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I got my newsletter from the International Dark-Sky Association today and it seemed so appropriate after my trek last night. I know what dark skies are about and under normal conditions, I love them dearly ... because they are hardly ever really dark. They are either full of storm or full of stars.
I get little sympathy when I complain about a yard light that shines in my bedroom window at the farm that is at least six fields away from me or the street lights that over-light the Indian community of Scotchford across the river and to the east of me.
So lets see what the Dark-sky newsletter has to say: They mentioned the article that was in MacLeans in May called "Let There Be Dark" and mentioned, too the article in Time magazine last January called "Bag Those Beams" and other titles on the subject like "The Dark Side Of Light" or "Going, Going, Nearly Gone". You have to admit they are attention seeking titles and that is good - because the subject needs our attention. The Illuminating Engineers are talking about the problems of glare, energy waste, sky glow and light trespass! Don't you just love those issues.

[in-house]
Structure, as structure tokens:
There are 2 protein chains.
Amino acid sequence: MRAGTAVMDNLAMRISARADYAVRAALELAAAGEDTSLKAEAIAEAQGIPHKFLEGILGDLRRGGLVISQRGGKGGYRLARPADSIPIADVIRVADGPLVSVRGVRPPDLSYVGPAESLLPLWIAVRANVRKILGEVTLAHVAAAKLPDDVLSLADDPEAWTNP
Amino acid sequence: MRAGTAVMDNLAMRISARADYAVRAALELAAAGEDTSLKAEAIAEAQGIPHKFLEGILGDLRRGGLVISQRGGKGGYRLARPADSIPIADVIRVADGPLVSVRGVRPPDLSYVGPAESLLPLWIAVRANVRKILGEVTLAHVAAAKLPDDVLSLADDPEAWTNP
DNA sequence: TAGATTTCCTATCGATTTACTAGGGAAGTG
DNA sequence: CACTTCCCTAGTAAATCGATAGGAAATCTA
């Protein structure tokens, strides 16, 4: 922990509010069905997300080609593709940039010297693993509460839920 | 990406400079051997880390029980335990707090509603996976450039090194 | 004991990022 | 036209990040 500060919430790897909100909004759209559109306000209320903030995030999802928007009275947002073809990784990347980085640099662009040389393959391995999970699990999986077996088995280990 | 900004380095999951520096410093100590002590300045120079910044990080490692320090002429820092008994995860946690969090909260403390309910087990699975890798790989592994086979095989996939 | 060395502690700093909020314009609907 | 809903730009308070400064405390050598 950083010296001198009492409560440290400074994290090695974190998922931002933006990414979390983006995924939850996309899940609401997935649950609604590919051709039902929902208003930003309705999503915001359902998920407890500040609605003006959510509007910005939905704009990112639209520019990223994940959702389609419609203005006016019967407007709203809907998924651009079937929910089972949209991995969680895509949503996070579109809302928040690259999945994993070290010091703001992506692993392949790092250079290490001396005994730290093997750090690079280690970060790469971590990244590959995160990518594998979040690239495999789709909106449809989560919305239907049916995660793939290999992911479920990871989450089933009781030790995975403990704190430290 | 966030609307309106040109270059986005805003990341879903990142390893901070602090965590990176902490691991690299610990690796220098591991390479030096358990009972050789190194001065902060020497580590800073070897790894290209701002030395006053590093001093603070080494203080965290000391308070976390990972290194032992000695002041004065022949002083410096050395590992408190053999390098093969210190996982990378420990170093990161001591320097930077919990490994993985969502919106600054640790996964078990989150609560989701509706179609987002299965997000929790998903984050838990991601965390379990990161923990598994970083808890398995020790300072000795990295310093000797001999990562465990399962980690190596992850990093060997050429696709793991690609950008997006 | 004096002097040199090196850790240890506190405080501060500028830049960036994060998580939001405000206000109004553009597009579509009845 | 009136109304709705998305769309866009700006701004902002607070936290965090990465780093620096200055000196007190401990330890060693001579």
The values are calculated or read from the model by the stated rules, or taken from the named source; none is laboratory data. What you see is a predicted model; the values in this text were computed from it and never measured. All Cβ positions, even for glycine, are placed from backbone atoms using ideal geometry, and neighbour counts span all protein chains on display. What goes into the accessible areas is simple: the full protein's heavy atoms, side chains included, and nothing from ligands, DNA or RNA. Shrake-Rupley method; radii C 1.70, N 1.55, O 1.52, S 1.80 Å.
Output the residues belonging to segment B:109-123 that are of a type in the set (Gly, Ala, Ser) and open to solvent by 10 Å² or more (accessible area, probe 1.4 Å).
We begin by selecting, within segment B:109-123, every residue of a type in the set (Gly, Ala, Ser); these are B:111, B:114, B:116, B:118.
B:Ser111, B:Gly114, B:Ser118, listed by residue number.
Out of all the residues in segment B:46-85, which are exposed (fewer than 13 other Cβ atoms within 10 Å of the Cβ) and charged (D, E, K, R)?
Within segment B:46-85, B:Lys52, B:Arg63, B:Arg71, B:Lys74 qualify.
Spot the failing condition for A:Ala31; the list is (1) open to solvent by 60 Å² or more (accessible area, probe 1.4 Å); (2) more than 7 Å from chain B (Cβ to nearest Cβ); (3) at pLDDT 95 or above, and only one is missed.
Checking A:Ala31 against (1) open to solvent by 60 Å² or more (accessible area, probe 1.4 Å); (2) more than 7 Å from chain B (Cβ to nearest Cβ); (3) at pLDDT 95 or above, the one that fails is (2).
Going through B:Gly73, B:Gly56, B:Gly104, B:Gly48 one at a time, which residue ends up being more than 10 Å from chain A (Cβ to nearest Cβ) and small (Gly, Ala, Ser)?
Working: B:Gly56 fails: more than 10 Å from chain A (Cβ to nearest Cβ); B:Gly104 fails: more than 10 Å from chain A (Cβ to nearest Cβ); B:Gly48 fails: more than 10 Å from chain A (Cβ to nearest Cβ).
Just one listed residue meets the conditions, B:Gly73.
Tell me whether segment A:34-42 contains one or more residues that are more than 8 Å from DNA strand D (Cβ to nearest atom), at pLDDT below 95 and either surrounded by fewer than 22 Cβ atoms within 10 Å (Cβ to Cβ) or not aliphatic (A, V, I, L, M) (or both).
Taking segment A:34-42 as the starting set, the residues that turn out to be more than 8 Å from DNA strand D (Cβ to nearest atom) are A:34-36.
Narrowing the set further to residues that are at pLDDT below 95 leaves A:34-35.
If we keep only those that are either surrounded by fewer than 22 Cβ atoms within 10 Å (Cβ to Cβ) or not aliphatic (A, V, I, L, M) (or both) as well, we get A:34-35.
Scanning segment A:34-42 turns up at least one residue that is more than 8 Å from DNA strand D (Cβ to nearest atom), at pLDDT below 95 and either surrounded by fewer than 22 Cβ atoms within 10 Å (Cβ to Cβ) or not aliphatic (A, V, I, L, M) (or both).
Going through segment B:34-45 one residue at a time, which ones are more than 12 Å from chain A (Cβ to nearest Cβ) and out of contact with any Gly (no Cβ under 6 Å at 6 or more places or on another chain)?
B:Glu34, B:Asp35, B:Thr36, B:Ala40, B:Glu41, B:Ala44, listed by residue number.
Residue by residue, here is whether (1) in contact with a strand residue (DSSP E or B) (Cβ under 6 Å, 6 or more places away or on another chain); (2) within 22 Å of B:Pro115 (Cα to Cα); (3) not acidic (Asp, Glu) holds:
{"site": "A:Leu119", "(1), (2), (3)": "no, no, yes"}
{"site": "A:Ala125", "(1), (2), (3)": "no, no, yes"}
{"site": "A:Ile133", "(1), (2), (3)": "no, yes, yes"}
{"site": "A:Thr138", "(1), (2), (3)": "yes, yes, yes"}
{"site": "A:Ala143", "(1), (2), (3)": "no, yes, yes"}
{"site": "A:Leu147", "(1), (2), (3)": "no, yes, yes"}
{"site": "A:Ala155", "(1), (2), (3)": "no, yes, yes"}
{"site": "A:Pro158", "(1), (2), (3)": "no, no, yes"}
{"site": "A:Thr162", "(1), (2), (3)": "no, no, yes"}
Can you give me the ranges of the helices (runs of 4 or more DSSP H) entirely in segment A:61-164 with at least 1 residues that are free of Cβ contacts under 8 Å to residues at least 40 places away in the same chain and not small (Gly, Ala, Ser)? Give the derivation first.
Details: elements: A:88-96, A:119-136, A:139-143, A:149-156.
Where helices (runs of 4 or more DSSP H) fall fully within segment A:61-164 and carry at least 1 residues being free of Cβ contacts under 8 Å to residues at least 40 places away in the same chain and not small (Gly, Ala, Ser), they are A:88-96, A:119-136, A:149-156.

A few points other points from the newsletter: They write about people worrying that "conversion to astronomy-friendly lighting will result in dark, dangerous communities. Actually, quality fixtures put just the right amount of light exactly where it's needed. Poorly designed fixtures produce unwanted glare that makes communities more dangerous." At the Olympic's in Australia they made a very serious effort to follow ridged standards for sports lighting [ tennis courts, etc.] and Rome has passed a law against light pollution! They claim that " good lighting enhances vision, preserves the nighttime ambiance of that city with its historic roots" and Moab, Utah has an ordinance that includes light curfews, footcandle limits and prohibition of mercury vapours. So you see the interest in the subject is growing.
There is a Canadian proposal for a Dark-Sky Sancutary on Manitoulin Island. We on PEI where "spectacular night skies" are part of our life, too, should be watching their progress. Lets plan for "stars up - lights down". The e-mail address for Dark-Sky is http://www.darksky.org and our Canadian friend is Mark Oldfield at email@example.com.
Written Sunday, January 21, 2001 at 01:59 AM